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Stanford boffin is first woman to bag 'math Nobel Prize'

Maryam Mirzakhani's work on doughnuts and spheres wins Fields Medal

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Iranian academic Maryam Mirzakhani is today the first woman to be awarded the prestigious Fields Medal, known as the “Nobel Prize of mathematics”.

Mirzakhani, a professor of maths at Stanford University, landed the top gong for her work on the symmetry of curved surfaces. You can all about her research, right here [PDF].

"This is a great honour,” she said in a statement. “I will be happy if it encourages young female scientists and mathematicians. I am sure there will be many more women winning this kind of award in coming years."

Mirzakhani’s work in geometry and dynamical systems, particularly on the symmetry of curved surfaces like spheres, doughnuts and hyperbolic objects, is mostly theoretical, but has implications for physics and quantum field theory, Stanford explained.

"Research into these areas does have unexpected applications, but that isn't what motivates mathematicians like Maryam to pursue it. Rather, the motivation is to understand, as deeply as possible, these basic mathematical structures," said Ralph Cohen, a professor of mathematics and the senior associate dean for the natural sciences in Stanford's School of Humanities and Sciences. "Maryam's work really is an outstanding example of curiosity-driven research."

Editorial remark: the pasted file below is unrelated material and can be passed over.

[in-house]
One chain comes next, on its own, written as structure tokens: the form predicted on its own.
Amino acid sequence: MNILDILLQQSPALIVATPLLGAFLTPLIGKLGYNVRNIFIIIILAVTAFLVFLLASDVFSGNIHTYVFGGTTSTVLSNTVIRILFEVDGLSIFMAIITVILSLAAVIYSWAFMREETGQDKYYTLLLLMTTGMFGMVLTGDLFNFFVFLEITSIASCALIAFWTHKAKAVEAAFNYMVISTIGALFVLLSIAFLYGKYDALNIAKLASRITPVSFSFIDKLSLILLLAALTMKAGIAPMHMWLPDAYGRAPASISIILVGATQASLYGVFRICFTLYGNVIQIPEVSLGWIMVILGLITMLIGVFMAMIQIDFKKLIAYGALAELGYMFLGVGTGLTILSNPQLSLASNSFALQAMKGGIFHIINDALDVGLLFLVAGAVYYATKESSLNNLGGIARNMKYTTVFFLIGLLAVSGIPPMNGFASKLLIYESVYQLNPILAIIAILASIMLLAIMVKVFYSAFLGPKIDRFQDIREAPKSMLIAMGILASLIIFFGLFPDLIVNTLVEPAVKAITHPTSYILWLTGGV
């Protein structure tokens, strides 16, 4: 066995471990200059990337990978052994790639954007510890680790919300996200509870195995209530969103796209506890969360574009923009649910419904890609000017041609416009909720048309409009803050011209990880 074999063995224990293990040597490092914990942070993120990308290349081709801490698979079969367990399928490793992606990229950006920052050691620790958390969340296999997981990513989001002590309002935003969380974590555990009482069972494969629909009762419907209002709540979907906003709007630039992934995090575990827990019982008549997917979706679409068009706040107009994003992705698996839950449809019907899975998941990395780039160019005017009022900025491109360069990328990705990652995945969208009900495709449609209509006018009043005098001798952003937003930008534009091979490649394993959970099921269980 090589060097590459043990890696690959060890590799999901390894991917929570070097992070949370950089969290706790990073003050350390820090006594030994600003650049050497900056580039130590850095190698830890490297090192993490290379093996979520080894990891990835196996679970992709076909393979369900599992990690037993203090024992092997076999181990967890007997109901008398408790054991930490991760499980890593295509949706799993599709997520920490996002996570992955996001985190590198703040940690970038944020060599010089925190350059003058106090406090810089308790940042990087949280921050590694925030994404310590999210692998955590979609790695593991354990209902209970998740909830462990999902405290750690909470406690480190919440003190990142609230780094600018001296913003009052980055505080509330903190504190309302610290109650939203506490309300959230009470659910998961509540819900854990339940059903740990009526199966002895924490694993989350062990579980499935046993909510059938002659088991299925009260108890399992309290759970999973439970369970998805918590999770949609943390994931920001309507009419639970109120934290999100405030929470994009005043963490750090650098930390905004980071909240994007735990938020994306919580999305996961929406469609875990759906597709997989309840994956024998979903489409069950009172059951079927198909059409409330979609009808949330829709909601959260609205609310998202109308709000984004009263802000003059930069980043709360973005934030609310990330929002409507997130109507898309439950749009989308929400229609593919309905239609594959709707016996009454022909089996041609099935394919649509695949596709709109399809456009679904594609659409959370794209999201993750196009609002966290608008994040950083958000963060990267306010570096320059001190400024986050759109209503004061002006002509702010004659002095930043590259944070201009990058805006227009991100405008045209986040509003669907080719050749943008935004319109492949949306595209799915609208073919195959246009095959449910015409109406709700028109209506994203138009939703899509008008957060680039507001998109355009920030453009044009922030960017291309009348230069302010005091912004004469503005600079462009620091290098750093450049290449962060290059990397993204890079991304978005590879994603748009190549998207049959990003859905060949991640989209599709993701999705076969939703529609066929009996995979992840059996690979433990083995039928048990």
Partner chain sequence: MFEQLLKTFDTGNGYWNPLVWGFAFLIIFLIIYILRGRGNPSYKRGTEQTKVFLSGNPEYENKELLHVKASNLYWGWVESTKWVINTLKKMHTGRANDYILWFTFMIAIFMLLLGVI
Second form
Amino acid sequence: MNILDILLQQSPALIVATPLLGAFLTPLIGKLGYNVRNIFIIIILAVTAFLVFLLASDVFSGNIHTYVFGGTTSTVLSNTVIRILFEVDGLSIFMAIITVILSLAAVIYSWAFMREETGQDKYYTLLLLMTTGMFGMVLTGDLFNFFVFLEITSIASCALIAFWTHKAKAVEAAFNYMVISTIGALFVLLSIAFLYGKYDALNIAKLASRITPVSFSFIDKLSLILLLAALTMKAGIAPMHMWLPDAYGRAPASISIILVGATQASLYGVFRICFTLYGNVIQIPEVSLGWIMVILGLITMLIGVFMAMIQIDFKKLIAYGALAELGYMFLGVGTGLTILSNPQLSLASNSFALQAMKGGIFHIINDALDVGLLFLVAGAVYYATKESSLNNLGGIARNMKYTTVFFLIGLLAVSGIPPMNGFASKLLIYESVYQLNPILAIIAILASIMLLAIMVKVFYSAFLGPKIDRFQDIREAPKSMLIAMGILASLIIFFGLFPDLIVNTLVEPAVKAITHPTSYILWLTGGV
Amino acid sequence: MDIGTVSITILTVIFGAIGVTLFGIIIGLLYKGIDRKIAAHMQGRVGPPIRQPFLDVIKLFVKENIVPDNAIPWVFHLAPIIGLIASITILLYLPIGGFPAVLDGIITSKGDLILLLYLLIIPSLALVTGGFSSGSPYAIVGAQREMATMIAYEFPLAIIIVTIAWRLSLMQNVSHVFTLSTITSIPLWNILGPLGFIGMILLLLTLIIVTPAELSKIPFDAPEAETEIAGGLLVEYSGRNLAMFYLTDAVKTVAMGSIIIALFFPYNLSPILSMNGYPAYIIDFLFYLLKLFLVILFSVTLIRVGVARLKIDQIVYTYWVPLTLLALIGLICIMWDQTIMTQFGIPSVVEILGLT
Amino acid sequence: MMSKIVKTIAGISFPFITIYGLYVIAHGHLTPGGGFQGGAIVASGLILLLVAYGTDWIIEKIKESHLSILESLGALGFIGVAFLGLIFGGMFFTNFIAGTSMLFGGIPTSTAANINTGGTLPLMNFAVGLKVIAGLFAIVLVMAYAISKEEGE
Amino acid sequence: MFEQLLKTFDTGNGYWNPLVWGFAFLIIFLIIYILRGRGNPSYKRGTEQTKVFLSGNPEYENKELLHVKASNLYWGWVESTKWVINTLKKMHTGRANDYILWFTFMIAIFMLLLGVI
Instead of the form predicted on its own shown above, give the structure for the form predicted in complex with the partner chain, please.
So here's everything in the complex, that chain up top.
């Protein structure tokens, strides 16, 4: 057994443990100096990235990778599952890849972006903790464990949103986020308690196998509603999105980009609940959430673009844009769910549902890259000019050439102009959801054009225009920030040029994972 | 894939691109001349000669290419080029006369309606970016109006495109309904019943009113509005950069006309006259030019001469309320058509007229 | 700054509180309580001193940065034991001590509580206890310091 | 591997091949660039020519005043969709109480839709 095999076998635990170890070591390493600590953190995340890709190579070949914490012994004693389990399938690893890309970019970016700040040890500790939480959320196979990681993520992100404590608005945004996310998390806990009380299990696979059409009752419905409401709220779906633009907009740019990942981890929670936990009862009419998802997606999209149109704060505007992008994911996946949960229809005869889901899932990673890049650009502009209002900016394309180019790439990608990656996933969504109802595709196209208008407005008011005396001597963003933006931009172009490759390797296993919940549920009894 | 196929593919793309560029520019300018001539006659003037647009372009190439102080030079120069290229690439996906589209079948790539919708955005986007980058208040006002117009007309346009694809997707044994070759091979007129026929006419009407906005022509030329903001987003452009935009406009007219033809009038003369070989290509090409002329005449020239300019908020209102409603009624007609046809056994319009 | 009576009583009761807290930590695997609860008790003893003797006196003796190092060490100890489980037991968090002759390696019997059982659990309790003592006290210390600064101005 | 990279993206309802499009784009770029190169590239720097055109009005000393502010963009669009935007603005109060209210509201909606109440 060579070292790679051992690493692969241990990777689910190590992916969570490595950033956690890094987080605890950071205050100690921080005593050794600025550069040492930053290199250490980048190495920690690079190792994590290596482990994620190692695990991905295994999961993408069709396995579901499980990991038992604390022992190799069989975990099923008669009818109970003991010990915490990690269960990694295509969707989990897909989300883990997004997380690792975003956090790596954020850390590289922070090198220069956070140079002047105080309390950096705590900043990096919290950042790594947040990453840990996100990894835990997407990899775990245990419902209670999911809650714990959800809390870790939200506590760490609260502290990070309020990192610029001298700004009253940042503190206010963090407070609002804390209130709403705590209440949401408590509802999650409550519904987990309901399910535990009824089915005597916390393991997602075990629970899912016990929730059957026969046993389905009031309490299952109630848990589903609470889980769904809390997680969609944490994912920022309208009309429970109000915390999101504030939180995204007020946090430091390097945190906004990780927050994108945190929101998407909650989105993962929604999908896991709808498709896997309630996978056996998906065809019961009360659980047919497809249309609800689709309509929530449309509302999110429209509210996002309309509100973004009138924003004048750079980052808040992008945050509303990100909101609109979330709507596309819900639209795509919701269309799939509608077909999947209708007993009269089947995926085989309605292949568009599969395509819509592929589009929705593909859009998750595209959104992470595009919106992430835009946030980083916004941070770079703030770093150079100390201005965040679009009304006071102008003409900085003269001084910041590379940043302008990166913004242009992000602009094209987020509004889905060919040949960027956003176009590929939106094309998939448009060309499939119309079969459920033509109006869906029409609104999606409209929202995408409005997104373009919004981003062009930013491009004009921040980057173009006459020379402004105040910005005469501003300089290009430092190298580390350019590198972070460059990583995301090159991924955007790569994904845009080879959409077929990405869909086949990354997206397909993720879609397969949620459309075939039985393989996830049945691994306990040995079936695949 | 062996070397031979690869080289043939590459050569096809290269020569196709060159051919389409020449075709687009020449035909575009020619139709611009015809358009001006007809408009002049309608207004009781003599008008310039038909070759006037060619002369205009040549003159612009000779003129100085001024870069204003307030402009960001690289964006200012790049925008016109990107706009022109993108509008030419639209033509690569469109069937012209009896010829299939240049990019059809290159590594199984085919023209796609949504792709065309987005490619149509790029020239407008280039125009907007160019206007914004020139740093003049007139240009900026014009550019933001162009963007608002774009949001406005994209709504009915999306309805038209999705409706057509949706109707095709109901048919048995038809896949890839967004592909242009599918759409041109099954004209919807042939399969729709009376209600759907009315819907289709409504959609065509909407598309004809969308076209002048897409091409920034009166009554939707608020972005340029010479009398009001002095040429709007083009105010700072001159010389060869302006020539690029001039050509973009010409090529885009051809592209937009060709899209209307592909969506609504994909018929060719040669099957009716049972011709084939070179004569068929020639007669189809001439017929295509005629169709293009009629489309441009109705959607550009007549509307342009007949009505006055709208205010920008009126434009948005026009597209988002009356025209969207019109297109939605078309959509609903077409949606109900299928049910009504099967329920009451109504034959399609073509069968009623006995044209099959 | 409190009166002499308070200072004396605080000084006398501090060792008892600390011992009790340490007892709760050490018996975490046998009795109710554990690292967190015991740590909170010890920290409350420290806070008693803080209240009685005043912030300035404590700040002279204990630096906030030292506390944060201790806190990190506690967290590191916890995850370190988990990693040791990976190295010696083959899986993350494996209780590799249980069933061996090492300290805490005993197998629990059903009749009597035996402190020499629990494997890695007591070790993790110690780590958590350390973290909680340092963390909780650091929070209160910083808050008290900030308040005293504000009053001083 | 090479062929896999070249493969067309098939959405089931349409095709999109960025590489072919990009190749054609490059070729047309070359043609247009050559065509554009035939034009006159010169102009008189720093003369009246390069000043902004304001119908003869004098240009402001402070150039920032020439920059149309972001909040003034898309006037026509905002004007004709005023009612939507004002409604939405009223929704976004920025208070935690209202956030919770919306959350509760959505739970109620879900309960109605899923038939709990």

Mirzakhani first became known in the international mathematics community as a teenager when she won gold medals in the 1994 and 1995 International Math Olympiads, finishing with a perfect score the second time round. Although she originally wanted to become a writer, her proficiency in maths steered her in that direction.

She earned her degree from the Sharif University of Technology in 1999 and her doctorate from Harvard University under the tutelage of Fields Medal winner Curtis McMullen.

Three other mathematicians won Fields Medals this year, including Artur Avila for work in dynamical systems theory; Manjul Bhargava for developing new methods in the geometry of numbers; and Martin Hairer, who was awarded the medal for contributions to the theory of stochastic partial differential equations.

The awards were established in 1936, and its prizes include a medal stamped with the head of Archimedes and an £8,000 payout. This year's gongs were handed out at a ceremony in Seoul. ®

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